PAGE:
Reply
    • E. V.

      Charles, no one is asking for platitudes. While I agree with a lot of what you said regarding a writer’s willingness to accept (constructive) criticism, very little of your wise words apply to the comments made above. They are personal attacks against PEOPLE, not POEMS.

      Reply
  11. Charlie Southerland

    No, E.V., but people expect those platitudes when they release their work to the public. They hope someone will like their work. Why hope? Why not leave no doubt that what they write is excellent? Criticism will most assuredly become personal over time simply because the writer who is putting poorly crafted work out there incites those critics who do take the time and effort to carefully craft a good poem. That’s it. There are very few beginning writers here, right? Most bio’s are rife with: so and so has a lot of poems, been writing for X number of years. Fill in the blanks. Writers of skill and critics expect more. Should they not? You guys treat this site as if it is a day care center. It’s part of the reason I don’t post my work.

    The “personal” attacks are thus, justified. It is about the “poet’s” poetry and “that” writer’s lack of preparation. If your batting average is below the Mendoza Line, it not only will be personal, you will be sent to the minor leagues. Writing is a serious business to be taken seriously, but a well crafted poem inspires joy in its success. That’s when it is fun. I’m all about the fun…

    Reply
    • E. V.

      Well, of course we hope someone will appreciate our work! However, I’d rather receive honest CONSTRUCTIVE criticism than empty platitudes. Maybe what’s needed is a definition of the term “constructive criticism”. How’s this: 1). It’s a review of the POEM; not the POET. 2). It employs tact. One can be honest without being unnecessarily cruel and brutal. 3). Explanations with examples are provided. They should guide the author and readers towards understanding the POEM’s deficiencies (according to the critic). 4). For exemplary constructive criticism, offer one or two possible edits. No, it doesn’t have to be a complete or extensive re-write, but just enough to support the critic’s position. Lastly, even imperfect poems can be charming and delightful. If there’s something positive that can truthfully be said about a poem, do it!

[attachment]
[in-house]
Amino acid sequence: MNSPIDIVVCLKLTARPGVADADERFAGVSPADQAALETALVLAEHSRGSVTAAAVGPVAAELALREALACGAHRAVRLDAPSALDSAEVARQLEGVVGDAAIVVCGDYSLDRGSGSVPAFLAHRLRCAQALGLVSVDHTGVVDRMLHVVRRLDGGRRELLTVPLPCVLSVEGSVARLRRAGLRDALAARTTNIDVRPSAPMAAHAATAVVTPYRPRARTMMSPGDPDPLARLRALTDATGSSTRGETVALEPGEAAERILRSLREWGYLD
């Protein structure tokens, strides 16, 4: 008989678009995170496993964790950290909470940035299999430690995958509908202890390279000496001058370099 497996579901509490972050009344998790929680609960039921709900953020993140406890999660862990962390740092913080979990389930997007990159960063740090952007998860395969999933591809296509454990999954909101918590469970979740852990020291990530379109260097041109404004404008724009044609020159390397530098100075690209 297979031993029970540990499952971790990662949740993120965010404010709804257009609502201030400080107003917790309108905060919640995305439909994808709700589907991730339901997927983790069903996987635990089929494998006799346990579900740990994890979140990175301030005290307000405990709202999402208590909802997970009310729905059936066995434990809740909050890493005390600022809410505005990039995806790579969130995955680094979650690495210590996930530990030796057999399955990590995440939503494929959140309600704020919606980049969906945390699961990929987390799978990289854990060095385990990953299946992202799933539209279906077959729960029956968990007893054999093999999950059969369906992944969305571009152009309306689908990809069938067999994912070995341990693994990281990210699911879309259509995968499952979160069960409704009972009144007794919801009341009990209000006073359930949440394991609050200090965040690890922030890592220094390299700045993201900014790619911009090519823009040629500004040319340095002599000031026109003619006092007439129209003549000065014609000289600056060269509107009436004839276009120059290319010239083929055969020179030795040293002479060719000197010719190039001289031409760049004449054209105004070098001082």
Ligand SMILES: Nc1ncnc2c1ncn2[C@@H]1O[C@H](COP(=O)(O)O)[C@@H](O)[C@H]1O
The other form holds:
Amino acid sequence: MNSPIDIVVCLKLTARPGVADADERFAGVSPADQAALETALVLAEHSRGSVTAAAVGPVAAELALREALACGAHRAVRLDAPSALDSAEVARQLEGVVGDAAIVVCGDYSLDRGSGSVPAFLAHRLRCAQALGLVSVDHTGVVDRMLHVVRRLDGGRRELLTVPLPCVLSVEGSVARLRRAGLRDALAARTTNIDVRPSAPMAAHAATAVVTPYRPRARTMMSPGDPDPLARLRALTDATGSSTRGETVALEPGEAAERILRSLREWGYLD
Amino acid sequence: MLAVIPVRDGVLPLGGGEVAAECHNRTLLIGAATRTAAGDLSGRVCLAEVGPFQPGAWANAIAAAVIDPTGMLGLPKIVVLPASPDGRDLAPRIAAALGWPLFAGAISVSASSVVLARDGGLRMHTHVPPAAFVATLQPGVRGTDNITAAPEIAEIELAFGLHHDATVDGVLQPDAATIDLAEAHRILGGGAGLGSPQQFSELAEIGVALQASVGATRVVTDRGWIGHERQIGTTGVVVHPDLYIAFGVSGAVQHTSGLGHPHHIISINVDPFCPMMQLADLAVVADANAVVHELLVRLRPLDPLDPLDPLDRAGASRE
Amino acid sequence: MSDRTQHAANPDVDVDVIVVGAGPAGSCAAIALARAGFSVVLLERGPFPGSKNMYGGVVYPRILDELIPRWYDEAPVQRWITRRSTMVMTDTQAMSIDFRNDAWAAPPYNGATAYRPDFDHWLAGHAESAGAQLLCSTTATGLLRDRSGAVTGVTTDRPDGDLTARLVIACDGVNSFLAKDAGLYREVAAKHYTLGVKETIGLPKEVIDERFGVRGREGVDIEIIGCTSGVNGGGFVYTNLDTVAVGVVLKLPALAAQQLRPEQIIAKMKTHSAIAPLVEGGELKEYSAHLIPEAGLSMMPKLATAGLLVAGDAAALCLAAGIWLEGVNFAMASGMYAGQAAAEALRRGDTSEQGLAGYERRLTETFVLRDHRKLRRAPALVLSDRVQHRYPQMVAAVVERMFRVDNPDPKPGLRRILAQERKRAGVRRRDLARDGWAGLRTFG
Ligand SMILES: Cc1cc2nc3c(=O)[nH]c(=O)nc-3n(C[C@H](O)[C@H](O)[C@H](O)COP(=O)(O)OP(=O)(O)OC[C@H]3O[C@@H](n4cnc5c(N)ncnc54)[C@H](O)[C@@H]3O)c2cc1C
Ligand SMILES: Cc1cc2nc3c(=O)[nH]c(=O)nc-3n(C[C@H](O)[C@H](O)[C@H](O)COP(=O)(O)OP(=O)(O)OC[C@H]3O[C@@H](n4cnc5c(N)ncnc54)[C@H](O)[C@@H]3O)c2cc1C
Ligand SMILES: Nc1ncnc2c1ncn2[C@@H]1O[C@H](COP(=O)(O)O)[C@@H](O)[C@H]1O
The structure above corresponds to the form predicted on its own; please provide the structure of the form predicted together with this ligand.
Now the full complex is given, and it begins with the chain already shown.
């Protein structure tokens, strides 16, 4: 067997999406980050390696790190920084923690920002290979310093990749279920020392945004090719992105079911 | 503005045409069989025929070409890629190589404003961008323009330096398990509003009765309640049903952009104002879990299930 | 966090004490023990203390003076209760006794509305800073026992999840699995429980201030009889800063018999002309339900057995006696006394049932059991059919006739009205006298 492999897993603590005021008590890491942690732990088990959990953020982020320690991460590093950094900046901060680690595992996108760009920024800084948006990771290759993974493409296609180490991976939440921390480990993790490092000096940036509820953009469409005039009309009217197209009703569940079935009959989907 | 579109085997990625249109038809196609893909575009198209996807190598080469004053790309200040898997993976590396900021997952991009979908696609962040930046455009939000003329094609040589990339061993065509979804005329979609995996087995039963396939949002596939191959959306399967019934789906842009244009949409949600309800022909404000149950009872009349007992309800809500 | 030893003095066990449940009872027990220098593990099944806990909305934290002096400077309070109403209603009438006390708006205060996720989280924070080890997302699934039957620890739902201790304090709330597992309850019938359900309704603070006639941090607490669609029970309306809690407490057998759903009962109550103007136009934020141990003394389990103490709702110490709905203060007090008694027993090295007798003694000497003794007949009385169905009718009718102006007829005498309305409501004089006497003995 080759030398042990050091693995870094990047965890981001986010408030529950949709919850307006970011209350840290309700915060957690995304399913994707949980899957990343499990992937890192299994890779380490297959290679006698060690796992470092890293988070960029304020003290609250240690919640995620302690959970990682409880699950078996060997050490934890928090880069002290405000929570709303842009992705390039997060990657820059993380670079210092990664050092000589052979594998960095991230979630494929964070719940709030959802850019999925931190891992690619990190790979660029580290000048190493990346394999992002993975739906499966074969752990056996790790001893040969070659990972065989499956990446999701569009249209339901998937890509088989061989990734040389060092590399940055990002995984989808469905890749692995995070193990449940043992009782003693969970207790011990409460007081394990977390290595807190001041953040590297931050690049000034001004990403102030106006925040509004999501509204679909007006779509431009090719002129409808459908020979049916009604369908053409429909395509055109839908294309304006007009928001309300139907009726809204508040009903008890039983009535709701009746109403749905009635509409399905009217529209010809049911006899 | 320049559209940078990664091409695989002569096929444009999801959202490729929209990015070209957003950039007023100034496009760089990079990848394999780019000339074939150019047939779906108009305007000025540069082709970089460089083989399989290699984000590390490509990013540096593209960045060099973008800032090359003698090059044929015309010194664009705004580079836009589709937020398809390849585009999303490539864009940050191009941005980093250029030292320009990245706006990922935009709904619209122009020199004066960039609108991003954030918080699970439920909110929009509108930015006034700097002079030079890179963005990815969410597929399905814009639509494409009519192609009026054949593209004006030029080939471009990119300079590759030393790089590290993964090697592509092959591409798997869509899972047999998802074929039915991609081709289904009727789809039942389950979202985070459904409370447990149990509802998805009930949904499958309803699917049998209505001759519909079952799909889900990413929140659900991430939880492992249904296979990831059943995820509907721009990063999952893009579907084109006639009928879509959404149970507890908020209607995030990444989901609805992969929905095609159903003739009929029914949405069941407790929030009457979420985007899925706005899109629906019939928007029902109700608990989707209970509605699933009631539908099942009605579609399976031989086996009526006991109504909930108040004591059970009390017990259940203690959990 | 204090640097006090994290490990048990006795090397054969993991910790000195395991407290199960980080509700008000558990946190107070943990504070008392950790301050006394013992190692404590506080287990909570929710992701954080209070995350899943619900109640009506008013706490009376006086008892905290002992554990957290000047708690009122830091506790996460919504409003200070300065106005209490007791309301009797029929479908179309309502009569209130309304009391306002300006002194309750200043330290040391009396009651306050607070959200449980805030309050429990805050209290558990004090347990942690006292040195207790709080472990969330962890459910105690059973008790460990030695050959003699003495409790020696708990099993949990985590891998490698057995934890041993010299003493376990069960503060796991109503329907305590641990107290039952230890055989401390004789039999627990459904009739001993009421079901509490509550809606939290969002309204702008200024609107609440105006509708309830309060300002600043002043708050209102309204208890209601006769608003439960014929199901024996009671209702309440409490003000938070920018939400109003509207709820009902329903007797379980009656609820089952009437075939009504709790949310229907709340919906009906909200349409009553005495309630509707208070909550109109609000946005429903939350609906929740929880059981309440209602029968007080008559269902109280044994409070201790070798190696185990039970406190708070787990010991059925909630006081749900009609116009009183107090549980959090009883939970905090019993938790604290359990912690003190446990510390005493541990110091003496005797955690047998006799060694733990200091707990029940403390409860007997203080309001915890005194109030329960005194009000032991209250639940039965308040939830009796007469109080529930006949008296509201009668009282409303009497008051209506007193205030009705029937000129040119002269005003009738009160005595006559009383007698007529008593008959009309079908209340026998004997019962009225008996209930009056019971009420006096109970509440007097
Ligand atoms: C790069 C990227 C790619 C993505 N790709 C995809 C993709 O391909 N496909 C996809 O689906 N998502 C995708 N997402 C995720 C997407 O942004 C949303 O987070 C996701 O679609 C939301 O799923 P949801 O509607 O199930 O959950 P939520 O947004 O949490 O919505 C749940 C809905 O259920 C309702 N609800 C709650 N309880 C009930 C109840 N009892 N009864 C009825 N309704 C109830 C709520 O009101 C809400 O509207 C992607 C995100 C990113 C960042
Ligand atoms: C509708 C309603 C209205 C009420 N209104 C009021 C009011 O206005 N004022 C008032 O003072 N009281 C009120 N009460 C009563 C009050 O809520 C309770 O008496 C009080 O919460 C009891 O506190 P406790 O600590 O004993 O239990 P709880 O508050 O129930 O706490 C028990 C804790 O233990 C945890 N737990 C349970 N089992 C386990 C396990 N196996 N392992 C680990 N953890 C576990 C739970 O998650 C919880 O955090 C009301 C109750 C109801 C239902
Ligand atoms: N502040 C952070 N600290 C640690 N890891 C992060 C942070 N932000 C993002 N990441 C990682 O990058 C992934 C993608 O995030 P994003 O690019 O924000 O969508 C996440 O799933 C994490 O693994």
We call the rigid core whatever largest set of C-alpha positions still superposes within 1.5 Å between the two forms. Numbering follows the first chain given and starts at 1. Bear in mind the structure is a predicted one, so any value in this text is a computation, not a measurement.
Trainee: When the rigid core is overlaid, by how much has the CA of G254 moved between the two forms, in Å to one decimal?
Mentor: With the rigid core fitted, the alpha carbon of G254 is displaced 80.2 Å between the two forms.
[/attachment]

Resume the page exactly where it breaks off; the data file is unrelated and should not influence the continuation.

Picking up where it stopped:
Reply
  12. Leo Yankevich

    Well, I admit I made some strong counter punches (regarding evil), but I am like Trump in that way. For that I apologize, but I stand by my opinion of this poem and its message, as well my opinion of both Amy and E.V. as aspiring poets. Amy is, of course, much better than E.V., but both will find serious publication difficult, and this is not my fault. Bad boxers are called “tomato cans,” bad baseball players “bums,” and bad poets. . . “poetasters.”

    Perhaps a gradual evolution of these two poetesses is possible, but I have my doubts.

    Reply
    • Amy Foreman

      Leo,

      You talk about bad boxers and bad baseball players, as though bad poets can fit into some quantifiable mold with them. But how do we determine who are the “tomato cans” and the “bums” of the boxing and baseball worlds? They lose. They don’t win or help their team win. The absence of success lets us know that they are “bad” at what they are trying to do.

      Can “bad” poets be measured the same way? By the success, or lack thereof, of their work? You and I both know this would be deceptive and inaccurate. We would never quantify or measure the “goodness” or “badness” of art purely on its objective success within its field, as we would a boxer or baseball player. With such an evidence-based standard, the virtuoso jazz improvisationalist, who plays thousands of chords for his audience of three would be considered “bad,” while the country musician who plays three chords for an audience of thousands would, based on his success alone, be deemed “good.”